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Interview: Mycujoo's Raphael Morgulis on Growing the Game in Asia

As the 2017 K League season drew to a close with the Promotion/Relegation Playoff between Sangju Sangmu and Busan I'Park, international fans were treated with an opportunity rarely afforded to them: a chance to watch the game. Mycujoo, a relatively new streaming service, filled in the much maligned gap in coverage and offered both legs of the playoff in HD for free to fans anywhere in the world. To follow up on those playoffs, and to see how Mycujoo may factor into future K League and Asian football coverage I spoke with their Head of Communications, Raphael Morgulis.

In a relatively short amount of time, you've managed to spread extremely far. Mycujoo currently has 461 partners from 67 countries spanning five continents.  What was the original concept behind the site and how did all this get started?

First, if we’re going to start with the name, there’s a small explanation with this particular name. If you go back to ancient China, like 1,000 years ago, they were playing a game called Cuju, which is the first recognised ancestor to football, so hence the mycujoo name.

The idea of the company started in 2009 because the founder, Pedro Presa, is a fan of Boavista and in 2009 they were relegated to the third division in Portugal when he was living abroad in Switzerland. And so he could not watch Boavista on TV anymore. At some point the question was “alright, we’re living in a more and more technological world, how is it still possible that we can’t see what we would prefer to follow?” Because there are certain people in the football world that aren’t necessarily convinced that the five or six elite competitions that you can see everywhere are the only thing to watch. And so the idea came from this. And then in 2014, the company was founded and the original idea was to go to the long tail of football to provide visibility to anyone.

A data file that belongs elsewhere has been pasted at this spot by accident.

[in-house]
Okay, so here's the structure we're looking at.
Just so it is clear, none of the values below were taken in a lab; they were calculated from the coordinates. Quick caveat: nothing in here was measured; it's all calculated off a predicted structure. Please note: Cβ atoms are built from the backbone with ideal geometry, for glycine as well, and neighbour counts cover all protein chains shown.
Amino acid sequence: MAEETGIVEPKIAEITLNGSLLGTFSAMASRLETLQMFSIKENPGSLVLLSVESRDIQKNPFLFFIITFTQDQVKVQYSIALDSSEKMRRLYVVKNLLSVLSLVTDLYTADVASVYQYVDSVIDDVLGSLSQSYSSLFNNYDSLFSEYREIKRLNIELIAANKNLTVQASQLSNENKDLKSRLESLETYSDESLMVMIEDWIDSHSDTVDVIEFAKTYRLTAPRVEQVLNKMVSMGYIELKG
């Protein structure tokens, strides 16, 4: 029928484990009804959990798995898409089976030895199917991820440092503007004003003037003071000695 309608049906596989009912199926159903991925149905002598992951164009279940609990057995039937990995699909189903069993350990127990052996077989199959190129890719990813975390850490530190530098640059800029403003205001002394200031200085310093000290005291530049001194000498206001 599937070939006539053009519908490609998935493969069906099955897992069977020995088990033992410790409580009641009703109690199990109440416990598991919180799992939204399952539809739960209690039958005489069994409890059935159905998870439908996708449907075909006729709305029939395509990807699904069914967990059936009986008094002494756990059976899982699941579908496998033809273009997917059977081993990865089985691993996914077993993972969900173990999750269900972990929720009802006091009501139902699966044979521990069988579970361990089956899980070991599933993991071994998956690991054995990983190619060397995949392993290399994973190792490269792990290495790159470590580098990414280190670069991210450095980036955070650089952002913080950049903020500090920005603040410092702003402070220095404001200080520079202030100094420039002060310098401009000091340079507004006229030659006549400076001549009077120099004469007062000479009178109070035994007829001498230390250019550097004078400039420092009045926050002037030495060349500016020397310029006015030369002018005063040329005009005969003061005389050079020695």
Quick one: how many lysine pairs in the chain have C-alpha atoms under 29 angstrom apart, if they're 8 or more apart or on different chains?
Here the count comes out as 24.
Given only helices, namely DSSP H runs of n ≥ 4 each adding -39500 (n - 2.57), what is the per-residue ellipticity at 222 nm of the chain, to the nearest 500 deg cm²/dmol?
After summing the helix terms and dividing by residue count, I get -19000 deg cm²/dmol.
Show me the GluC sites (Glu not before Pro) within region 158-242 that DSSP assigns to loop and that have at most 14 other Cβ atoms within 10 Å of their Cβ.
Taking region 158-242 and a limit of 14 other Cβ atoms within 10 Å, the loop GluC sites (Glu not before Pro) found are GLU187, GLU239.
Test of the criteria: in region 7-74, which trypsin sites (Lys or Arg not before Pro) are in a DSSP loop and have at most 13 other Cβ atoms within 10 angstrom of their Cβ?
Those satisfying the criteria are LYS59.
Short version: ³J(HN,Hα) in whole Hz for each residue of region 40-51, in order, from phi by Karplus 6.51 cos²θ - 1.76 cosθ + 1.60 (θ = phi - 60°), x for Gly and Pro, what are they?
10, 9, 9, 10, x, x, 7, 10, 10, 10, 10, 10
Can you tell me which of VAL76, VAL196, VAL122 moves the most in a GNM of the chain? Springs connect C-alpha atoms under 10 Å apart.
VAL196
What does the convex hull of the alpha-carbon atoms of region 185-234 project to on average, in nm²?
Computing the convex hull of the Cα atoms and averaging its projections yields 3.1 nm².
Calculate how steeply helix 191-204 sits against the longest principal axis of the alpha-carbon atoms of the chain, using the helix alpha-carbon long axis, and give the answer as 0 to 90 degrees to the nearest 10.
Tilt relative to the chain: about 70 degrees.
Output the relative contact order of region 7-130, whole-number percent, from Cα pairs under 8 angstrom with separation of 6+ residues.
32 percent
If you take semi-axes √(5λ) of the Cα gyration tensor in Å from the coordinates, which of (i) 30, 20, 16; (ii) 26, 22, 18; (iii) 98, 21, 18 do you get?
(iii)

The core of the model has been to develop a technology for streaming that is very powerful from a features perspective, but do it at a very accessible entry cost. For example, if you are an amateur club and you don’t need anything else other than access to the streaming capacity that we provide, then you don’t pay anything. The first layer of service, which is access to your own TV Channel, it’s entirely free. You only have to buy the equipment, with the service having been built for very simple equipment. We’re not talking about broadcasting with 32 cameras. We’re talking about broadcasting from a phone linked to a laptop or streaming device and an internet connection. And that’s really all you need to do to get onto mycujoo and start broadcasting your games.

And so the business started by contacting certain clubs in Switzerland, because the company was based in Switzerland, and the first one that came on board was the Zurich FC women’s football section. From there, the company has expanded and started contacting a lot of people in the world of football. And the idea picked up, obviously. We stream around 120 games per week on average, and it’s really growing and we’re seeing there’s a lot of interest. The first intention was maybe to go for the lower tiers, amateur, niche type football. But we’re seeing that niche can mean very different things in the world of football and even at the higher levels, there are some niche aspects that can be explored. For example, with K League, it’s not exactly niche, long tail type content, but there can be an interest for K League to be on mycujoo to reach new, untapped audiences.

What brought the decision to cover K League playoffs about?